ON BOARD NRP CORTE-REAL A NATO warship rescued fourteen Indian sailors off Somalia on Saturday, a day after they were freed by pirates who had beaten them during 10 days of captivity.
The pirates released the weakened crew of the dhow Vishvakalyan on Friday after stealing provisions and kit.
"They hit the crew all over, on the head, everywhere," the Vishvakalyan's captain, Ismail Abdurehman said.
The pirates took most of the seamen's belongings including radios, phones, television sets and presents bought for their families. The pirates left only three chickens and the dhow's cat.
The Portuguese warship NRP Corte-Real gave the dhow food and fuel.
International navies are patrolling the busy shipping lanes off Somalia to try and prevent hijacks that have worried shipping firms, driven up insurance costs and prompted some vessels to avoid the Gulf of Aden.
On Friday night, the pirates shot wildly into the air, shouting "Go, go, go," at the sailors, said Abdureham.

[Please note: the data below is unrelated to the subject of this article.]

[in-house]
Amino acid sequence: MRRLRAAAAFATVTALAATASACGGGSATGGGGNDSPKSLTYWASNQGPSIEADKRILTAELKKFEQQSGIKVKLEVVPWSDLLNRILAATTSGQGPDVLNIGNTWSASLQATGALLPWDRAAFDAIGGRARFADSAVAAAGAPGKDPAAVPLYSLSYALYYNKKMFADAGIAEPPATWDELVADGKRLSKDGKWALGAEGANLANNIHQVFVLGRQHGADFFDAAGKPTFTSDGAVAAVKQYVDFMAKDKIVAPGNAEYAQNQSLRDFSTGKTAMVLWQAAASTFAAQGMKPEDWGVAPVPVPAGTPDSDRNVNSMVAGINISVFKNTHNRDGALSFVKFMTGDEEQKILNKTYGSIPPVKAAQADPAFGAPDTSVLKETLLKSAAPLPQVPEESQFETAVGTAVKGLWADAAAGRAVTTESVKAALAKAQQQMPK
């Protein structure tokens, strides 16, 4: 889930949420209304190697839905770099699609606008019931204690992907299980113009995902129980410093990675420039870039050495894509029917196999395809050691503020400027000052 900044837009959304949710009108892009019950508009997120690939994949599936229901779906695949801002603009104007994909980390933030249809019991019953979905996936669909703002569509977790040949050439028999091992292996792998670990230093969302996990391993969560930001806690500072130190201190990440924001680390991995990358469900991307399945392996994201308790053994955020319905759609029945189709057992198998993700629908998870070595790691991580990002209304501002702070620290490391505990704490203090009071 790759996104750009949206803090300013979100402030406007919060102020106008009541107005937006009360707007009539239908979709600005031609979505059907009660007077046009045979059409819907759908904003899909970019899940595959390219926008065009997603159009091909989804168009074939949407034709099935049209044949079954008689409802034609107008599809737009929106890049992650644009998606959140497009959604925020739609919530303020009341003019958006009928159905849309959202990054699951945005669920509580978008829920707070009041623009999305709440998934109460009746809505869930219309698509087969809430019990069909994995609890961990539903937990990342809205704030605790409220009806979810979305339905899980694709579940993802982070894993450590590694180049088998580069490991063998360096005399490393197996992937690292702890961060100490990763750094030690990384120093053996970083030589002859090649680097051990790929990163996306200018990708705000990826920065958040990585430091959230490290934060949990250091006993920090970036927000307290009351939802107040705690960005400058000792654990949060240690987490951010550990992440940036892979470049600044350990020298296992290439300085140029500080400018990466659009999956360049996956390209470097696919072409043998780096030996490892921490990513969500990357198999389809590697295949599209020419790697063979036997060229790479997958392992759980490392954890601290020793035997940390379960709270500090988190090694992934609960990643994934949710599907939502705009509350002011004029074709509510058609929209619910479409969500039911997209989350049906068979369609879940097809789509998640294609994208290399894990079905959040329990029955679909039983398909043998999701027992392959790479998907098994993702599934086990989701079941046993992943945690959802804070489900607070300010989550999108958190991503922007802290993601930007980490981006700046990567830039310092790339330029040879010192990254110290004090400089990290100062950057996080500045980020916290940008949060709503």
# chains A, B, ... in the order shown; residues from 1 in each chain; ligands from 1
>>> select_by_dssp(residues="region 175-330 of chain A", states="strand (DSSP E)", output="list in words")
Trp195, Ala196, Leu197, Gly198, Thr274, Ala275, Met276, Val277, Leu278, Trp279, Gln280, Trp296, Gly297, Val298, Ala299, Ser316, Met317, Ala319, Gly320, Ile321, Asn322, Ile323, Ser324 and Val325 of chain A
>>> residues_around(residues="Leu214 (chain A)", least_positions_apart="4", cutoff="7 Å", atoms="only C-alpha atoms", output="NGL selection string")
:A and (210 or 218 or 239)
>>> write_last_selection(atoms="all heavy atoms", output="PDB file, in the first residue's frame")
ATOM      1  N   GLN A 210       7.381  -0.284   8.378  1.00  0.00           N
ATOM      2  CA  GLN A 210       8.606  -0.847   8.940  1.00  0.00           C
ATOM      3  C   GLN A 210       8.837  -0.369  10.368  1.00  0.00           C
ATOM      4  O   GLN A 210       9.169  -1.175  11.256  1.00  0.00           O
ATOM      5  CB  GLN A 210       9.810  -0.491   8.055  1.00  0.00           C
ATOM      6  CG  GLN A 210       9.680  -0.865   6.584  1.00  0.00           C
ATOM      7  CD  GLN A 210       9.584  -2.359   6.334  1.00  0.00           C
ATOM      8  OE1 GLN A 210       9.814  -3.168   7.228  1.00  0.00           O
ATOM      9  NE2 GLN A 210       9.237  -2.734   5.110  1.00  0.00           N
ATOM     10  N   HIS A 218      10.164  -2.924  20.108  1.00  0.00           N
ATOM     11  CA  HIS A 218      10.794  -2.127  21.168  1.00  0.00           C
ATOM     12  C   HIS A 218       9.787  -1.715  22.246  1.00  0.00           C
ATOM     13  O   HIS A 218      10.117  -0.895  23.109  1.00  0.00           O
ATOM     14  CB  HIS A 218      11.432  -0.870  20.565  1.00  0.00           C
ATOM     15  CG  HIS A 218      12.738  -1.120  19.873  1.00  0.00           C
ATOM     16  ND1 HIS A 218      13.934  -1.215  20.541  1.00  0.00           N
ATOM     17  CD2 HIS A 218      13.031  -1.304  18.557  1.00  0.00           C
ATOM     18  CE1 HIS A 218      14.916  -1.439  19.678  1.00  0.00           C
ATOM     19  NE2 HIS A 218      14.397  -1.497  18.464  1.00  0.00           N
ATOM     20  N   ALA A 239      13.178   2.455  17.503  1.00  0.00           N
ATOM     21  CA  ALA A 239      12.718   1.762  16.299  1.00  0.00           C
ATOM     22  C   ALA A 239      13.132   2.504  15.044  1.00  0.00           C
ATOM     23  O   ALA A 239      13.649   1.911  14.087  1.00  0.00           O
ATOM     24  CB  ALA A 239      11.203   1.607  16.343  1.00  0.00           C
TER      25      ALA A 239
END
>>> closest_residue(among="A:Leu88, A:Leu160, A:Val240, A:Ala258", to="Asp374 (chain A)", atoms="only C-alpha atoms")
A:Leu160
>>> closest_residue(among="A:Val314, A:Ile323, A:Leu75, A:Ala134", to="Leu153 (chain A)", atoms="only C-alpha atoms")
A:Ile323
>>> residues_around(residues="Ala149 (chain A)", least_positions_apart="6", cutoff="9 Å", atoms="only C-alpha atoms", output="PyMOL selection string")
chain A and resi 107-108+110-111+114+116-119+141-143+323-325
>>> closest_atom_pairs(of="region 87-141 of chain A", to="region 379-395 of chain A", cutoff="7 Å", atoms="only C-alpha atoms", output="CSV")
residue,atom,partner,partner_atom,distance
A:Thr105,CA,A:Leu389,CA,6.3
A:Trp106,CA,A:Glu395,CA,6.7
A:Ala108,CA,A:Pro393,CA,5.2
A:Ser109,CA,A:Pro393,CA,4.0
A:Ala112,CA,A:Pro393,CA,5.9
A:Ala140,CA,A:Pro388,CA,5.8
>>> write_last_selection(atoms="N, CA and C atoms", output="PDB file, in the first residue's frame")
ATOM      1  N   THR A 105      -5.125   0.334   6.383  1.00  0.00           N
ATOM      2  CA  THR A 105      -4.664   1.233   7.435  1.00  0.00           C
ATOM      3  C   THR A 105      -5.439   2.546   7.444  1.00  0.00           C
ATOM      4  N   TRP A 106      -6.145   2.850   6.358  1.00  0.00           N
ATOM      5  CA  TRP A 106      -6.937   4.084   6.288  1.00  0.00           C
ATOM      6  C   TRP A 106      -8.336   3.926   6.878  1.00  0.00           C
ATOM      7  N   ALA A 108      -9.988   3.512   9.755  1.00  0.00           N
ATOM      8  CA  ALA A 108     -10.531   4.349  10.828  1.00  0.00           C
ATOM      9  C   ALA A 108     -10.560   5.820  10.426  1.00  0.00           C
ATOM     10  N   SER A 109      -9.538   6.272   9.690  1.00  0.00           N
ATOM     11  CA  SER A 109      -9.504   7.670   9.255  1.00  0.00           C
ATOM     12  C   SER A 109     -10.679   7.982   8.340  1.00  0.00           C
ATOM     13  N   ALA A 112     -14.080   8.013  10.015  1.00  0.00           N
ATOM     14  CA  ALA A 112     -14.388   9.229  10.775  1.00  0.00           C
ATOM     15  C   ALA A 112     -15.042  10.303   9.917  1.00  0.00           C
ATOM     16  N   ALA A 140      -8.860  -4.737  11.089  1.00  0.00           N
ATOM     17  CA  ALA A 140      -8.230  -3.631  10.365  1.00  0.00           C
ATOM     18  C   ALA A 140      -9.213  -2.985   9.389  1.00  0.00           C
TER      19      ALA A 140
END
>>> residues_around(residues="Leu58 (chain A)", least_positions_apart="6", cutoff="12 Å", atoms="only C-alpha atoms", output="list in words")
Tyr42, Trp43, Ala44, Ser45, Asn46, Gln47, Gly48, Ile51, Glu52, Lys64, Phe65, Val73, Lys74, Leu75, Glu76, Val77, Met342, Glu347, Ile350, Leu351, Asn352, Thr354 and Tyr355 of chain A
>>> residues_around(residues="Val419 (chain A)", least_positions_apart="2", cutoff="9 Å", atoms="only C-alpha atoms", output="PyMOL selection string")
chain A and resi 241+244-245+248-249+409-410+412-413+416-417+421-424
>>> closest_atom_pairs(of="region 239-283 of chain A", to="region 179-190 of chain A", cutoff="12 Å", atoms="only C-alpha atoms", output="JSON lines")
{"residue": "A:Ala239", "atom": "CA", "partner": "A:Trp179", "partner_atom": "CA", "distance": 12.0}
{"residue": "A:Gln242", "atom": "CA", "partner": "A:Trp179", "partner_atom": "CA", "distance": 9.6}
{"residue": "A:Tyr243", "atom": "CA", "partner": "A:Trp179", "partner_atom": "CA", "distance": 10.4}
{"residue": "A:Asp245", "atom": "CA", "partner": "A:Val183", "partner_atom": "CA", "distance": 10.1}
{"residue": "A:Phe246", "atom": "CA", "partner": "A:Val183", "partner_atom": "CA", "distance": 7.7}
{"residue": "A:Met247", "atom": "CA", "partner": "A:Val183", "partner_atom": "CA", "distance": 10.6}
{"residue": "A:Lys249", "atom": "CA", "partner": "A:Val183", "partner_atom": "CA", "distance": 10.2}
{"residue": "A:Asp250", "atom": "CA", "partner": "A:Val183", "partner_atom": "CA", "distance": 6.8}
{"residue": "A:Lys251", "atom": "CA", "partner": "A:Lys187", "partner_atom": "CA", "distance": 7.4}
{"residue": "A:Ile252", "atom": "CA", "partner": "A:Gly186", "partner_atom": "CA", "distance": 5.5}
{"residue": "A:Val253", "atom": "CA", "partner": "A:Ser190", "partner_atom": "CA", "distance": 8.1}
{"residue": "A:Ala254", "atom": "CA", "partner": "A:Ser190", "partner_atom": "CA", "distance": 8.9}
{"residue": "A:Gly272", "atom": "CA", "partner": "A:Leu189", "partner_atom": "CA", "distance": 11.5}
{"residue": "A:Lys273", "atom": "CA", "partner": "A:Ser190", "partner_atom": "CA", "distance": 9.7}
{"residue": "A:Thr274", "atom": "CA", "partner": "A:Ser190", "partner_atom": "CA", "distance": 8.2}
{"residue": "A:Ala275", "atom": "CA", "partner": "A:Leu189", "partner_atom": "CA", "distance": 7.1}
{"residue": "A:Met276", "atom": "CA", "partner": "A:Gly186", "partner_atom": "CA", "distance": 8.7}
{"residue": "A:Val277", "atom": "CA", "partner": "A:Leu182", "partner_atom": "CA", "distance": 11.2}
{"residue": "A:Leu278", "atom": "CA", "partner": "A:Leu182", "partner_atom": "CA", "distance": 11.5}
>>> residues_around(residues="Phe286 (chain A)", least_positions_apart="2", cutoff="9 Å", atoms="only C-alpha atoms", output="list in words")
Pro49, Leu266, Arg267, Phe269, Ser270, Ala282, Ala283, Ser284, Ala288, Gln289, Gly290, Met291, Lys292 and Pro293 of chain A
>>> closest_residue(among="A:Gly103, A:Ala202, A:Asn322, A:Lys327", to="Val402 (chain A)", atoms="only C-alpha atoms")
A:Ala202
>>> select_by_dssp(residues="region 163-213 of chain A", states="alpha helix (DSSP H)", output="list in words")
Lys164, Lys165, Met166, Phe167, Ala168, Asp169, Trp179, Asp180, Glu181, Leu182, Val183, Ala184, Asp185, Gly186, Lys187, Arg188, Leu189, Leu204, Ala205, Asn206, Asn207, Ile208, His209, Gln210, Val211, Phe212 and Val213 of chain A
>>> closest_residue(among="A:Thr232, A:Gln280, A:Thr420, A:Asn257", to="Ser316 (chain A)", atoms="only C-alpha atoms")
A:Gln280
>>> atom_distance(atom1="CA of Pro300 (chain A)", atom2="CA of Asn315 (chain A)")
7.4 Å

Dario Precioso, a lieutenant on the NRP Corte-Real said the dhow crew set off for the Yemeni island of Socotra to get help after being released by the pirates.
"But they probably would have died if we hadn't found them -- as they had no supplies," he said.
The NRP Corte-Real spotted the dhow about 20 nautical miles southeast of Hobyo off Somalia's coast.
The International Maritime Bureau says more ships have been attacked off Somalia so far in 2009 than in the whole of 2008 -- 133 reported attacks compared with 111 in 2008.
But fewer of those attacks have been successful -- 30 compared with 42 last year.
Abdurehman said the pirates attacked the Vishvakalyan as it carried a shipment of charcoal from the port of Brava, south of Mogadishu, to Sharjah in the United Arab Emirates on June 3.
The seamen, from Gujarat, India, had been unable to call for help because the pirates broke their VHF radio antenna.
Trending On Reuters
India has blocked hundreds of adult websites to prevent pornography becoming a social nuisance, a government official said on Monday, sparking a debate about censorship and freedom in the world's largest democracy. Full Article